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Disaster Readiness Puts Tech Tools To The Test

Can thumb drives, mash-ups, and RSS improve our ability to react in emergencies? The organizers of two disaster simulations hope to find out.

Larry Greenemeier

August 19, 2006

3 Min Read

"With Strong Angel III, we're looking for a set of tools and techniques that can improve community resilience in any area of the world," Rasmussen says. Among the technologies to be demonstrated:

>> A 4-Gbyte Kingston Technology key chain storage drive, which will be used to install about 50 programs on computers used in relief efforts, even if those computers can't access outside networks. One program would let responders send SMS messages to any cell phone. "What's unique is the way the software was compressed to fit on the drive," Rasmussen says.

>> A disaster scene mash-up based on the open source Sahana disaster management software, created by Sri Lankan programmer Chamindra de Silva. Sahana can be used to establish missing person registries, coordinate relief efforts among groups, request support, and keep track of victims in shelters. The combination of Google Earth with Sahana will create a detailed visual image of a disaster area. Google plans to work with Microsoft to ensure that the modified Sahana works with Microsoft's Virtual Earth service.

>> RSS Simple Sharing Extensions, developed by Microsoft chief software architect Ray Ozzie. While RSS feeds are used to publish and subscribe to information, SSE allows systems to be cross-subscribed with one another, creating bidirectional RSS. "One of the major themes of Strong Angel III is sharing data across boundaries," says Robert Kirkpatrick, lead solutions architect for Microsoft Humanitarian Systems. A mesh network will be used to issue emergency requests for help. With SSE, the requests can be accessed by anyone else on the network, broadening a responder's pool of resources.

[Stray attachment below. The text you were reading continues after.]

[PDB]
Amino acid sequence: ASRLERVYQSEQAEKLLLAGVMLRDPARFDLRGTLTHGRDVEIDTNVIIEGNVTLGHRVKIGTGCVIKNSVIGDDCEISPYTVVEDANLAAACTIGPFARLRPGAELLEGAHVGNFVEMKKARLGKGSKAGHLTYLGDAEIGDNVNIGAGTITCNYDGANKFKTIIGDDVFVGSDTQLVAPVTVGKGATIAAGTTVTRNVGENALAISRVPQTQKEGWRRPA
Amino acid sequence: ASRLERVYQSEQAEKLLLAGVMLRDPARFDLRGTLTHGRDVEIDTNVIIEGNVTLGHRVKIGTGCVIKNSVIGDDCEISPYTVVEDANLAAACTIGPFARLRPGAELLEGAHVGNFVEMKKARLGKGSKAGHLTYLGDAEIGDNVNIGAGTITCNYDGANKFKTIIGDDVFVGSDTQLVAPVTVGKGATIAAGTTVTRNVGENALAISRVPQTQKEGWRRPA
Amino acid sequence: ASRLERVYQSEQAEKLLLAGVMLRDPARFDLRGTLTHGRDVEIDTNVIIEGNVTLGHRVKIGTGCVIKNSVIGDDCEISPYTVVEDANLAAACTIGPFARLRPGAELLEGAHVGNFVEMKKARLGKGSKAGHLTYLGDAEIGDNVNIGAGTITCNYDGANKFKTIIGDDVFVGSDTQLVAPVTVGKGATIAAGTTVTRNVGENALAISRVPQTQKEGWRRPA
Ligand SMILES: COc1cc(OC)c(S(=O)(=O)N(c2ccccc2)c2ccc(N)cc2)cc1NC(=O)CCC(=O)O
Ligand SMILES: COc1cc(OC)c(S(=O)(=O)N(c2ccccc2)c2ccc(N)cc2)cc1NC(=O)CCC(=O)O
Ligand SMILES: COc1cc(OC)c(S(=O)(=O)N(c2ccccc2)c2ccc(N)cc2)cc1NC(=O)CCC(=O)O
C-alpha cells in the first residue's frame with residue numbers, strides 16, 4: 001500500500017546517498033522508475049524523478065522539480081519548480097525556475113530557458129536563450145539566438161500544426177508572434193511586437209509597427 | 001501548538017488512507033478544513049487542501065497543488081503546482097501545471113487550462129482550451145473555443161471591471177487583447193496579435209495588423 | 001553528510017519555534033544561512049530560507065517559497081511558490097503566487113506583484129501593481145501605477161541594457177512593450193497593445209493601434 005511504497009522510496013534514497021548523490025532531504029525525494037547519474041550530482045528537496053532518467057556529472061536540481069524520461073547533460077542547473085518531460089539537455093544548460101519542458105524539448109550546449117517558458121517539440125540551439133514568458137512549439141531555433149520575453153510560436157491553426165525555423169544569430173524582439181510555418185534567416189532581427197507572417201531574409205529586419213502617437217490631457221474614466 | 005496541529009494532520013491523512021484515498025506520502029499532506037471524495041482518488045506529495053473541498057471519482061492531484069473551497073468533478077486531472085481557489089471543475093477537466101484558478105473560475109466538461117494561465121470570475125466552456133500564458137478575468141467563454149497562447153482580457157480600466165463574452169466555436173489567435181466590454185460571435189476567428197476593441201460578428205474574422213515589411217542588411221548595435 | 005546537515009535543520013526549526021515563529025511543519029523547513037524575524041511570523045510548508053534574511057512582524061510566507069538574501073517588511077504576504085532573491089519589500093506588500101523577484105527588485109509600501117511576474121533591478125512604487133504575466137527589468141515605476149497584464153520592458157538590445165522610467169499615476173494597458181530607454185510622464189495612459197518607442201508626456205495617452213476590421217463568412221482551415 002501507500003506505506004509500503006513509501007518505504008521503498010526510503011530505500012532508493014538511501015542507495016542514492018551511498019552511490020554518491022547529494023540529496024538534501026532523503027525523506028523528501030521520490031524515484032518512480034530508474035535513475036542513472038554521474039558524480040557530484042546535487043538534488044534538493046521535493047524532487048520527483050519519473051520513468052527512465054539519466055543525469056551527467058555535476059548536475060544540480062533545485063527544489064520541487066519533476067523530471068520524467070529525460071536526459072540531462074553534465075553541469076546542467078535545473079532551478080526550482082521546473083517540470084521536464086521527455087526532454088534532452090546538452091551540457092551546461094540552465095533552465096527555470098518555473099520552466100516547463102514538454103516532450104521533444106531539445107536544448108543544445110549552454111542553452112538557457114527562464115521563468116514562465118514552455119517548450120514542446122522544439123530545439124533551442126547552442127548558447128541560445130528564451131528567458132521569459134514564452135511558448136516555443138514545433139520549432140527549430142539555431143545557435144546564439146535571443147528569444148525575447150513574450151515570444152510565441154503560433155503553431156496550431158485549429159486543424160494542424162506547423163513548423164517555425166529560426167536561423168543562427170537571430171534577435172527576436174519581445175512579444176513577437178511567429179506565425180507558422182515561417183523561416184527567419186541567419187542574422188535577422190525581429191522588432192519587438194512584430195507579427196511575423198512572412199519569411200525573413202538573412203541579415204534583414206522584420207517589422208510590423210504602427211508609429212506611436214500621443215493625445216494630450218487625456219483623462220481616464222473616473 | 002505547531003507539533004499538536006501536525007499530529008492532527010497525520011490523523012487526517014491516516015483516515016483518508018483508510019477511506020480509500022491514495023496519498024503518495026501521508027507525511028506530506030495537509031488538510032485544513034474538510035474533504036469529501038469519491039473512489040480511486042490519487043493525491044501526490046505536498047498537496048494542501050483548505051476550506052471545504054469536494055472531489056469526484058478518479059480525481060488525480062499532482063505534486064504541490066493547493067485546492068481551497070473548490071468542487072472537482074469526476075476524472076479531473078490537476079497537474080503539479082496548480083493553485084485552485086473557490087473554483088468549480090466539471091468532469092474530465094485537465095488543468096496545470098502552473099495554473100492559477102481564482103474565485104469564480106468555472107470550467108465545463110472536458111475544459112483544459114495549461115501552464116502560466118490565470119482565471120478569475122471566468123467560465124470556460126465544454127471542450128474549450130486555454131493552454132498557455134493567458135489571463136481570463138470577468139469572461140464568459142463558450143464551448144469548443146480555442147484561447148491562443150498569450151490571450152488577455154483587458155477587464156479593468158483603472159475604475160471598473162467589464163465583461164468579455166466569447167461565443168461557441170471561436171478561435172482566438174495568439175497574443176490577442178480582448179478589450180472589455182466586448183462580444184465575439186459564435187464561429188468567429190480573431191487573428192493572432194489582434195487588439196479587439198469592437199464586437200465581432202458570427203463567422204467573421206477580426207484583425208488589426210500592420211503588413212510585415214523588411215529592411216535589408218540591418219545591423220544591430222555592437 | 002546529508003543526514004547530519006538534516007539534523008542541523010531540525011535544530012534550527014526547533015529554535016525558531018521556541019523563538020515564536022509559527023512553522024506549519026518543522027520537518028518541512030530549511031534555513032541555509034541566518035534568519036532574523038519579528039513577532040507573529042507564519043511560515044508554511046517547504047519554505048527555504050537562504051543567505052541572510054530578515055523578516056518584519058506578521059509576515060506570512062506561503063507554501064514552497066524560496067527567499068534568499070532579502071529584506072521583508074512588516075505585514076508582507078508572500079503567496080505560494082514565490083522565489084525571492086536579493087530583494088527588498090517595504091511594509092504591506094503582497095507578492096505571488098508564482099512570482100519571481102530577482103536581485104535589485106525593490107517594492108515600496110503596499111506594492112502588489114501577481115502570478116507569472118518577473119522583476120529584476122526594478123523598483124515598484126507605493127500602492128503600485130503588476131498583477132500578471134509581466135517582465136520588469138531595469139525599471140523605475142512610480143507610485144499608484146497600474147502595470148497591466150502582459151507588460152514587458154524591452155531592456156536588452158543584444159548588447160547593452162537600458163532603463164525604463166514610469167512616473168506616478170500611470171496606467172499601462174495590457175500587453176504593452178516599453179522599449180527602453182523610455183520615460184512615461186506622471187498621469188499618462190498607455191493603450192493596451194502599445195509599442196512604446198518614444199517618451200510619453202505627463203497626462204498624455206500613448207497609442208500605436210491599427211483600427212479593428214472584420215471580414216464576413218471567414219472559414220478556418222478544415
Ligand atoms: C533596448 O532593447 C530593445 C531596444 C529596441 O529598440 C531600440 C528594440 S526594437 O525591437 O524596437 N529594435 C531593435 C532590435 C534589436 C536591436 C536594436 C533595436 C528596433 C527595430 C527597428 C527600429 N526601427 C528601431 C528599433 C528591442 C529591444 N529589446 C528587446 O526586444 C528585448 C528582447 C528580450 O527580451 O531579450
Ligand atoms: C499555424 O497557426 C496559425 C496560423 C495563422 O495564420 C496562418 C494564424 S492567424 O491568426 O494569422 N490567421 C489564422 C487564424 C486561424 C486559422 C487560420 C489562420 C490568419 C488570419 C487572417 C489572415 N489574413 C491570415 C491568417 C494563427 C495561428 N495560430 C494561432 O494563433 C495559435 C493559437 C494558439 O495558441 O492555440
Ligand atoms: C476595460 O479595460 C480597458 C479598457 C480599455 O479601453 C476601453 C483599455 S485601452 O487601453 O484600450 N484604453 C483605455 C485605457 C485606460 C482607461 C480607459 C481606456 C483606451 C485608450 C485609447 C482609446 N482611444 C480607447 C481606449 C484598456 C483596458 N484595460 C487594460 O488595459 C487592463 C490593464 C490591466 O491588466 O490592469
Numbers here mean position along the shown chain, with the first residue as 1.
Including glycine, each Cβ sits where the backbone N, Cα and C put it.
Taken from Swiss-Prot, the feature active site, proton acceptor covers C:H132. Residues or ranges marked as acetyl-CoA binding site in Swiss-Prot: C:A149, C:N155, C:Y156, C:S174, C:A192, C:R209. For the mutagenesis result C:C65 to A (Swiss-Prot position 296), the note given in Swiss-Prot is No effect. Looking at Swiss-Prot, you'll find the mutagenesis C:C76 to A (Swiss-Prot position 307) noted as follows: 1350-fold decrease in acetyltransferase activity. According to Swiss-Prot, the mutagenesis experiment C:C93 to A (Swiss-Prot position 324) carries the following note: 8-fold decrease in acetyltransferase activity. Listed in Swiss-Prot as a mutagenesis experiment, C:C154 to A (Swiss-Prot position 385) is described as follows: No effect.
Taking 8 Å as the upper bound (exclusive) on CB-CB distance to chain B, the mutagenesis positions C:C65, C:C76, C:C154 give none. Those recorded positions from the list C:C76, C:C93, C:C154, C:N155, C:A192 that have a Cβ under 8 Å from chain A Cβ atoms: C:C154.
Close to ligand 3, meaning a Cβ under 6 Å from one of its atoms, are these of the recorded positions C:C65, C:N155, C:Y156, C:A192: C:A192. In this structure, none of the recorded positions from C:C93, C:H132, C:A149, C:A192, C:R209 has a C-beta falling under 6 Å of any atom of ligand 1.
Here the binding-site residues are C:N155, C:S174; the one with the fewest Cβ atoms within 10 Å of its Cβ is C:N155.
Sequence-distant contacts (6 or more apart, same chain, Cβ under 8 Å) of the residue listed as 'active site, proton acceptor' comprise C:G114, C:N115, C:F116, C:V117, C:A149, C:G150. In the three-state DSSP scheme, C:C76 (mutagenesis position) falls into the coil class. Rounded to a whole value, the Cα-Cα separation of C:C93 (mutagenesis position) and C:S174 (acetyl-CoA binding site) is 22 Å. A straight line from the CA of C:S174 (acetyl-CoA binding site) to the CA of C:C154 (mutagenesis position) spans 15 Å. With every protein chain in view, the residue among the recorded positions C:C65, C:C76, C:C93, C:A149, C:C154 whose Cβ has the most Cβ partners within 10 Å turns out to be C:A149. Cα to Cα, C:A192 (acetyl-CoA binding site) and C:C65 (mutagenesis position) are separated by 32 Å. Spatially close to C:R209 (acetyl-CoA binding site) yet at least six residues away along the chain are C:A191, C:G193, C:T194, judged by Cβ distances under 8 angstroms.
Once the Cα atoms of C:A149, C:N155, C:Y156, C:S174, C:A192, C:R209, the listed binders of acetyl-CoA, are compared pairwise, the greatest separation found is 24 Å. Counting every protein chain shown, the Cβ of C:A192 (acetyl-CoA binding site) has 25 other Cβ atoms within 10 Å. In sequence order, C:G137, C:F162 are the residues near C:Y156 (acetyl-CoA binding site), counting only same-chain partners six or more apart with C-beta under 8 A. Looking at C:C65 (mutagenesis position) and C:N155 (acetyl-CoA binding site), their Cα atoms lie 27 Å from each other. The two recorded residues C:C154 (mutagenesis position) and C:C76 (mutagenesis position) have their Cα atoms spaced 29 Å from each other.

>> VSee ultralow-bandwidth, high-quality videoconferencing software, created by Milton Chen, founder of VSee Lab. It will be used for videoconferencing links among locations, including U.S. Joint Forces Command in Norfolk, Va., and a hospital in Afghanistan. VSee also will be part of a telemedicine demonstration.

Strong Angel III comes on the heels of a disaster-preparedness conference, called Synthetic Portland, held Aug. 18 at Portland State University and hosted by the Regional Alliances for Infrastructure and Network Security, or Rains, in Portland, Ore. Local officials, academics, and business leaders discussed a model for data sharing during an emergency. "We're in an era of unprecedented disasters, and we'd better damn well get better at responding to them," says Charles Jennings, founder of Rains and CEO of Swan Island Networks, a provider of data-sharing products and services. One idea discussed at the event was to combine mapping and communications technology in such a way that emergency management personnel could remotely link to intelligent devices in a facility and, for example, shut down a ventilation system if toxic gas were present.

Progress has been "uneven" since 9/11 when it comes to interoperability of systems used by different emergency responders, Portland CTO Matt Lampe says. "I'm not surprised," he says, "because the things we're talking about are complex and cost significant money." Replacement of communications equipment in Portland would cost as much as $100 million.

Events such as Strong Angel III and Synthetic Portland could lead to improvements in emergency preparedness. As recent events remind us, nothing's more important.

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